HBO recently unveiled its new standalone streaming service, HBO Now, as an alternative to cable and satellite subscriptions. The move suggests that the days are numbered for cable companies.

According to studies, adults in the U.S. are watching less and less live TV every day. They're instead moving toward services like Netflix, which has made it into 36 percent of U.S. households.

These trends are frightening for the entertainment industry, and a number of companies like HBO are scrambling to take on the likes of Netflix and Hulu. Cable companies have seen a huge decline in ratings, which became even more pronounced toward the end of 2014. Cable ratings in general fell 9 percent in 2014, compared with a 3 percent drop in the previous year.

HBO's new offer will probably be a big blow to cable subscriptions. HBO has been cited as one of the main reasons people are holding onto their cable subscriptions, along with ESPN. With one of these two services now offering a streaming service, a lot of viewers will likely ditch the cable subscription in favor of something a little more flexible.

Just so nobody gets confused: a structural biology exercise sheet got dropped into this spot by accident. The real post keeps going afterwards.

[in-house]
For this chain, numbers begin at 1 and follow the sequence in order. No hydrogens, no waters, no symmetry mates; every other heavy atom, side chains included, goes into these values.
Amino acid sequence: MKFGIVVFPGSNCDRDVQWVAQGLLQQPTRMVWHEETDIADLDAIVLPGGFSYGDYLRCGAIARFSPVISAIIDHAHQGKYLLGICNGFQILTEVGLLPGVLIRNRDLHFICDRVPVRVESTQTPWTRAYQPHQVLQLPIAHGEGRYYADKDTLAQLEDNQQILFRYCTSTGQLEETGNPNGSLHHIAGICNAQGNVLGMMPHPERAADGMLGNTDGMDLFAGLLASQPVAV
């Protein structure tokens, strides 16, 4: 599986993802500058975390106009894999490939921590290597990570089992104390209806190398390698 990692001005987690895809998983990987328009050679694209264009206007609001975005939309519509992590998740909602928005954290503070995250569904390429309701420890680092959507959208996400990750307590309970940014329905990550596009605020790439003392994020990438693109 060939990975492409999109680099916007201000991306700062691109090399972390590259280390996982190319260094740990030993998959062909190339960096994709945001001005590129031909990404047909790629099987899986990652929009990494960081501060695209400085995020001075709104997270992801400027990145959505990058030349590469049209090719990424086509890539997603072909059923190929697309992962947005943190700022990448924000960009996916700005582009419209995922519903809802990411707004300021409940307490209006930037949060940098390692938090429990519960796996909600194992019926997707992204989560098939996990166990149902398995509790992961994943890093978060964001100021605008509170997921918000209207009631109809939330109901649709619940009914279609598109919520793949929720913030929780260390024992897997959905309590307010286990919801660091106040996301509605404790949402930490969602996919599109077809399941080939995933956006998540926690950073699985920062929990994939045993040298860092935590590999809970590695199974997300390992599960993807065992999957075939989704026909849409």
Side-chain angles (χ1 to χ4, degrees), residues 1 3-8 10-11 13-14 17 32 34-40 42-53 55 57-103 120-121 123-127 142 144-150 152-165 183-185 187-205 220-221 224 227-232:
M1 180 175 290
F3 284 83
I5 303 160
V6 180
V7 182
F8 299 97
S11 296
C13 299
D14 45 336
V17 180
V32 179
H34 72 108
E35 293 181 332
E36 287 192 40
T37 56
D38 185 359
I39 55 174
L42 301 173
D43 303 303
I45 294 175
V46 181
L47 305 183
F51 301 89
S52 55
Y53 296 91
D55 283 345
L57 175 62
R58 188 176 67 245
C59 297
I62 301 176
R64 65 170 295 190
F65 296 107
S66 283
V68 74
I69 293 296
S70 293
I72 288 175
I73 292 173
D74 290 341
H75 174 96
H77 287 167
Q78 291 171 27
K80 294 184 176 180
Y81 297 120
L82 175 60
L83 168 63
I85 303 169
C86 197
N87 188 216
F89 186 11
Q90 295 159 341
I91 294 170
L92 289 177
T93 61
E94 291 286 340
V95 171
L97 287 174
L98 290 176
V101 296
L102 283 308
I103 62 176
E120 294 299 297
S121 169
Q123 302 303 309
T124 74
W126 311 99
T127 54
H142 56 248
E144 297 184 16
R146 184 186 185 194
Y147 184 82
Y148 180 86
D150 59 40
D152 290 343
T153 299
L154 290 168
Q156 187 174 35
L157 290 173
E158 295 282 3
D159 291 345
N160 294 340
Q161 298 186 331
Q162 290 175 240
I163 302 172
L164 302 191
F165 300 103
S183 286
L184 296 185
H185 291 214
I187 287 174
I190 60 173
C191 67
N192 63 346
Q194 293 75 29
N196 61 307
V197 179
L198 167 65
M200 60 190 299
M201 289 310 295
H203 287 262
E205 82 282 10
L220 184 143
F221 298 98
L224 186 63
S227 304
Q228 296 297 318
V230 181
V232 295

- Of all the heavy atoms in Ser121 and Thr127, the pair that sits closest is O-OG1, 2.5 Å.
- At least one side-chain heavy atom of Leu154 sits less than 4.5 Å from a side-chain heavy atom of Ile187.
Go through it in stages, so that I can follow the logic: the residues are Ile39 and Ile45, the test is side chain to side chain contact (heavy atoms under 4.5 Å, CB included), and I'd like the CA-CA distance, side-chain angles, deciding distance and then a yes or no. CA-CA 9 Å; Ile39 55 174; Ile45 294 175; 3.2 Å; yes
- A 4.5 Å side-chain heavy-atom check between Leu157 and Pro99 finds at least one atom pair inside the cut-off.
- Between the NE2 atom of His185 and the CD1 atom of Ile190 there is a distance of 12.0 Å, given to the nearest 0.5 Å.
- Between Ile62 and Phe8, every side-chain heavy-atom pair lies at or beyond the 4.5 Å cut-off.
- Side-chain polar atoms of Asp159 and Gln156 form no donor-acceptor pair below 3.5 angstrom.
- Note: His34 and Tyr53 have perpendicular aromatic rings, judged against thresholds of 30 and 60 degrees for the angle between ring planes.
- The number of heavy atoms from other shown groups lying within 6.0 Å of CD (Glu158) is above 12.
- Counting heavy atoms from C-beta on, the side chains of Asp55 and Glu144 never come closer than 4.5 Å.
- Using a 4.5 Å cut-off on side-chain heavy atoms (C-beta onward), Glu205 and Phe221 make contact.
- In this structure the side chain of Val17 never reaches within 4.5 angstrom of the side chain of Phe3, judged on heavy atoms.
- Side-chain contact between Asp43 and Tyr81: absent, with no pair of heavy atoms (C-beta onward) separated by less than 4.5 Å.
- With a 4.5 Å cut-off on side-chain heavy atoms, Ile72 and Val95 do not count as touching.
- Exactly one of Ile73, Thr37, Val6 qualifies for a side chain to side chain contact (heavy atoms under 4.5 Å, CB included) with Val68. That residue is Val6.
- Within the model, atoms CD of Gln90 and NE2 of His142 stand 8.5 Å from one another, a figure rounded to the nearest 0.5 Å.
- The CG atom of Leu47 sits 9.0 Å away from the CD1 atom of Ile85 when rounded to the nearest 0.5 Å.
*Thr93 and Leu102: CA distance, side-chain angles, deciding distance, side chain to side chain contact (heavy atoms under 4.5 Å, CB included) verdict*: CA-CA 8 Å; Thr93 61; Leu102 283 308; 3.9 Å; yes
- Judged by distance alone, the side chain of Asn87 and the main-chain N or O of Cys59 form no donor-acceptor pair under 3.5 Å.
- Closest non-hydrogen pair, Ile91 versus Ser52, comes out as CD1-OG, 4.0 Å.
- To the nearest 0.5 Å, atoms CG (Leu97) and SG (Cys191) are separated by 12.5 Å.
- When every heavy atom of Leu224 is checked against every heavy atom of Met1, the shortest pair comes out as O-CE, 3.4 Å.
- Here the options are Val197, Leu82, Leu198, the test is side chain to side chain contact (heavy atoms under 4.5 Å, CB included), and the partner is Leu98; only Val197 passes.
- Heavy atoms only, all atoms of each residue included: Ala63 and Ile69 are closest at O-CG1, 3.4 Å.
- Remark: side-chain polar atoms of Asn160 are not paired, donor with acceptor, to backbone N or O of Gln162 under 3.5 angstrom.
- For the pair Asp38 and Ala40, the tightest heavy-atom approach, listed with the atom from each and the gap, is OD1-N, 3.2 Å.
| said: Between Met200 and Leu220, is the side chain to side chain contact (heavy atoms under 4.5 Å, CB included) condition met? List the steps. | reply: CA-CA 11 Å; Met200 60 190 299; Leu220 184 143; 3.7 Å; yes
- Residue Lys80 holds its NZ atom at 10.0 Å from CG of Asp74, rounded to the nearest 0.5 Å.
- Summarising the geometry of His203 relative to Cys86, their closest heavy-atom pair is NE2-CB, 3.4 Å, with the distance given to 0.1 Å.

HBO, however, says that it isn't targeting those who already have a cable subscription with its new streaming service. Instead, the network wants to bring HBO to the 80 million U.S. homes that don't already have it in one form or another. That would include not only the "cord-cutters" (people moving away from traditional TV), but also the so-called "cord-nevers" (those who never subscribed to a traditional TV service).

HBO Now does have an Achilles heel, however, and that is the price. While services such as Hulu Plus and Netflix charge less than $10 per month, HBO Now costs $15. That's more than the cost of HBO through a cable subscription, which starts at $10 through the likes of Comcast and Time Warner. Some even provide HBO for free as a promotion for their more expensive TV packages.

Traditional TV is still king, but HBO Now is another nail in that king's coffin. As young people — who are more inclined to stream — grow up and seek the flexibility of a streaming service, it's highly unlikely that they'll subscribe to traditional TV. It will be a very interesting few years as cable companies continue to shift toward streaming-based services.

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